Before I started any work on the arches I double checked the fit of my modified panel cover.



It is a pretty good fit as it is, but it will only take a few tweaks to get a perfect seal.

I welded on a small patch to a section of the rear wheel arches that had been trimmed a while back.

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post #178 of 774 (permalink) Old 05-22-2014, 05:30 PM Thread Starter
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Rear Wheel Arches - Part 2:
I trimmed a a bit off the hand brake panel where thin strips of an adjoining panel remained.
( This should allow the panel to sit better on top of the floors / framework. )

Not that easy to see in the 'before' & 'after' photos.





But this was the double panel thickness of the "shavings".



I also gave the top of the wheel arches a light trim too just to ensure maximum clearance to the body shell.

Before:



After:



Note:
I'm really pleased how "factory" the washer for the muffler support bracket looks tucked into the wheel arch.



Then I did some general "tidying up" with the grinder including around the new chassis bolt holes before applying some anti rust treatment.



When that was dry I could put some more black paint on.

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post #179 of 774 (permalink) Old 05-22-2014, 05:31 PM Thread Starter
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Rear Wheel Arches - Part 3:
This was my first attempt at working with fibre glass to see if I could use it for some "simple" repairs.

There were "gaps" on both sides where the back of the wheel arch met the floor.





Plus one rush hole and a couple of factory holes I also wanted to seal.





I cut out some mesh to place over the holes.





Then I cut out some fibre glass matting to go over the top of the mesh.



Given how messy this whole process was, that was the last photo I took until the work was finished.

Steps:
- Key the painted surfaces using a wire brush on the end of my drill.
- Mix up some resin and catalyst
- Apply resin
- Add mesh
- Then add matting and more resin
- Use roller to remove any air



It did take me a while to get the hang of what I was suppose to do.

Half of the first batch of resin had set in the mixing container before I could apply it.

The simple edges around the factory holes were easier to do than the curves around the rust holes.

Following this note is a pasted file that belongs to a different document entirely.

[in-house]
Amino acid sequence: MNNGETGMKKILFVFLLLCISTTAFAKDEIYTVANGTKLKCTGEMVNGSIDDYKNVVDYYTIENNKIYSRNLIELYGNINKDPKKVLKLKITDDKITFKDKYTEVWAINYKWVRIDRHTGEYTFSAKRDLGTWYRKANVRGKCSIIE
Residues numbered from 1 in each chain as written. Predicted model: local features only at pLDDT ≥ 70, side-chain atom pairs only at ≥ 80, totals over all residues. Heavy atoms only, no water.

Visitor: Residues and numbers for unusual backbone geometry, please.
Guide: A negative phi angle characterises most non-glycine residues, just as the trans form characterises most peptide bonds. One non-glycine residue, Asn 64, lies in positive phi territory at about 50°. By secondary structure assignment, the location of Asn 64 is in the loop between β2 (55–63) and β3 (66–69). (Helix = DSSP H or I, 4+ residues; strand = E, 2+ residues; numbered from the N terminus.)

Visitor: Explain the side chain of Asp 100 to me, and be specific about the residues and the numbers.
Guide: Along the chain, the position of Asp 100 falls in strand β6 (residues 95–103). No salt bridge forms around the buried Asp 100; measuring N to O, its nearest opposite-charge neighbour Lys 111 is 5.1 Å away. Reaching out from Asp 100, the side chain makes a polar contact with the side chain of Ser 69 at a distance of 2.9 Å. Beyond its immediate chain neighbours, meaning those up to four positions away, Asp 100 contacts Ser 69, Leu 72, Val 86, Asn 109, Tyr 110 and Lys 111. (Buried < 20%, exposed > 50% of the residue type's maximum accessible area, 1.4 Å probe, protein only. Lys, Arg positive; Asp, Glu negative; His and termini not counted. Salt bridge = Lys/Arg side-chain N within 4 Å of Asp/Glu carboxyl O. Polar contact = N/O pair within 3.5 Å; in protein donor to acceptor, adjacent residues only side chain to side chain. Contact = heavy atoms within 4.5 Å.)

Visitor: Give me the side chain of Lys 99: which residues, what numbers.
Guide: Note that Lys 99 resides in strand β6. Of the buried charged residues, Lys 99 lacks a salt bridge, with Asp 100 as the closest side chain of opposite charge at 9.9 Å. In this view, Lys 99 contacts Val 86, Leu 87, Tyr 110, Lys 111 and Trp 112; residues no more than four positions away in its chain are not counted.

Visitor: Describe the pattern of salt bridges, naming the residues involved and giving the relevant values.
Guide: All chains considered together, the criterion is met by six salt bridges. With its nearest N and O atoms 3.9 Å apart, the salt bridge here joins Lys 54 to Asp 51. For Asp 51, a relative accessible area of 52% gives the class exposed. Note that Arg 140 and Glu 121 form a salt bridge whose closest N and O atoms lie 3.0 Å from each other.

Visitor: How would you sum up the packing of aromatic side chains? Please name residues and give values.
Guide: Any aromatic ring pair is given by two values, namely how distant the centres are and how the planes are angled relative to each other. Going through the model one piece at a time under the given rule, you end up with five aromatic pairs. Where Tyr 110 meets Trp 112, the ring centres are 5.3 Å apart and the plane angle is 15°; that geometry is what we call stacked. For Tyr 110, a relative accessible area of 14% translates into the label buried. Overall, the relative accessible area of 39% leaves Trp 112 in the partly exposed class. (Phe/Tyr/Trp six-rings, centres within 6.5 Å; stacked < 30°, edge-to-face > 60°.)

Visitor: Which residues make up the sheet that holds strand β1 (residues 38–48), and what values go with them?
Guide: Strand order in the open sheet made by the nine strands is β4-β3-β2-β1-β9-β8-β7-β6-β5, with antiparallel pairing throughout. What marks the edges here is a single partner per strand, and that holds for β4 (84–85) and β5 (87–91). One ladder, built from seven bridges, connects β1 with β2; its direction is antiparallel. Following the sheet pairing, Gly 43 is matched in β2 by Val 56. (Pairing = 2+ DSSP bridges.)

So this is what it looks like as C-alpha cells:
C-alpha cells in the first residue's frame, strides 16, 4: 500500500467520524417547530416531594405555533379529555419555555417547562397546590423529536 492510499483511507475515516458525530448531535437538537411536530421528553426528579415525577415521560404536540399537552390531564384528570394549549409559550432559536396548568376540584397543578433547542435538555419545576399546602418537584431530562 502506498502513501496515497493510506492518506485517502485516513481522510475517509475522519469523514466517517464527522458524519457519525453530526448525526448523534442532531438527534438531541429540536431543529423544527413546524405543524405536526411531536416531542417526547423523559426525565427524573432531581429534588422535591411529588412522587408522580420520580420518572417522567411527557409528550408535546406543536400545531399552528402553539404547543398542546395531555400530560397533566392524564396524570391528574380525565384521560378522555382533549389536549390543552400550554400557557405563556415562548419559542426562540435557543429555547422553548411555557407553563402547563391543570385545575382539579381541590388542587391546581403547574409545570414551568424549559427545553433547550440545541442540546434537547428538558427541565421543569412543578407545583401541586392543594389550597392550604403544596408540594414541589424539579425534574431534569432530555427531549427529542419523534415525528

I guess I will just have to see how/if it all sets before I will be able to tell if I have got it right.

However, the whole point of doing the repairs this way was to get some practice using fibre glass.

Also I should mention the NCIS "look" that I was sporting while doing this work.
- Cheap white decorator's all in one "jump suit"
- Decent breathing mask
- Disposal rubber gloves

If this test has worked I will apply some more fibreglass to the underside of the arches next.

Whilst my progress is still slow, I really feel that I am finally getting somewhere at last.

So until next time, take care, Paul.
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post #180 of 774 (permalink) Old 06-09-2014, 06:41 PM Thread Starter
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Fibreglass Experiments:
I now have the skills to repair the rear arches using metal, but, as I said before, this was an excuse to work with fibre glass.

In addition, most of this work will never be seen as it will be either under the car, or hidden from regular view.

I used mesh in some areas to build up various edges that were missing / damaged.





I even repaired a missing section of the trunk floor in the same way.



I also tried my hand at fibre glassing over a "former".

As there were two sections of the arches seems to have been designed with trapping dirt & moisture in mind.



So I recycled some insulating foam and cut that up so that it would fill the gaps on both sides.







Then I covered the whole lot in fibreglass matting.



Note:
This was a single layer of matting and extra layers were added later.

In some cases, if I'd used mesh & fibreglass on one side, I simply added filler on the other side.





In other cases, I put fibreglass matting on both sides of the repair.

As this work is very messy / sticky, there are not as many photos of the process as I usually post.

So I'll end this section with a couple of random shots.

The first is one of my resin mixing containers, recycled milk cartons.



The final one is a tip I'd picked up from another build about masking off the handles of my brush & roller.



This ready did speed up the cleaning up operation.

You can see the way the arches now look in the next post...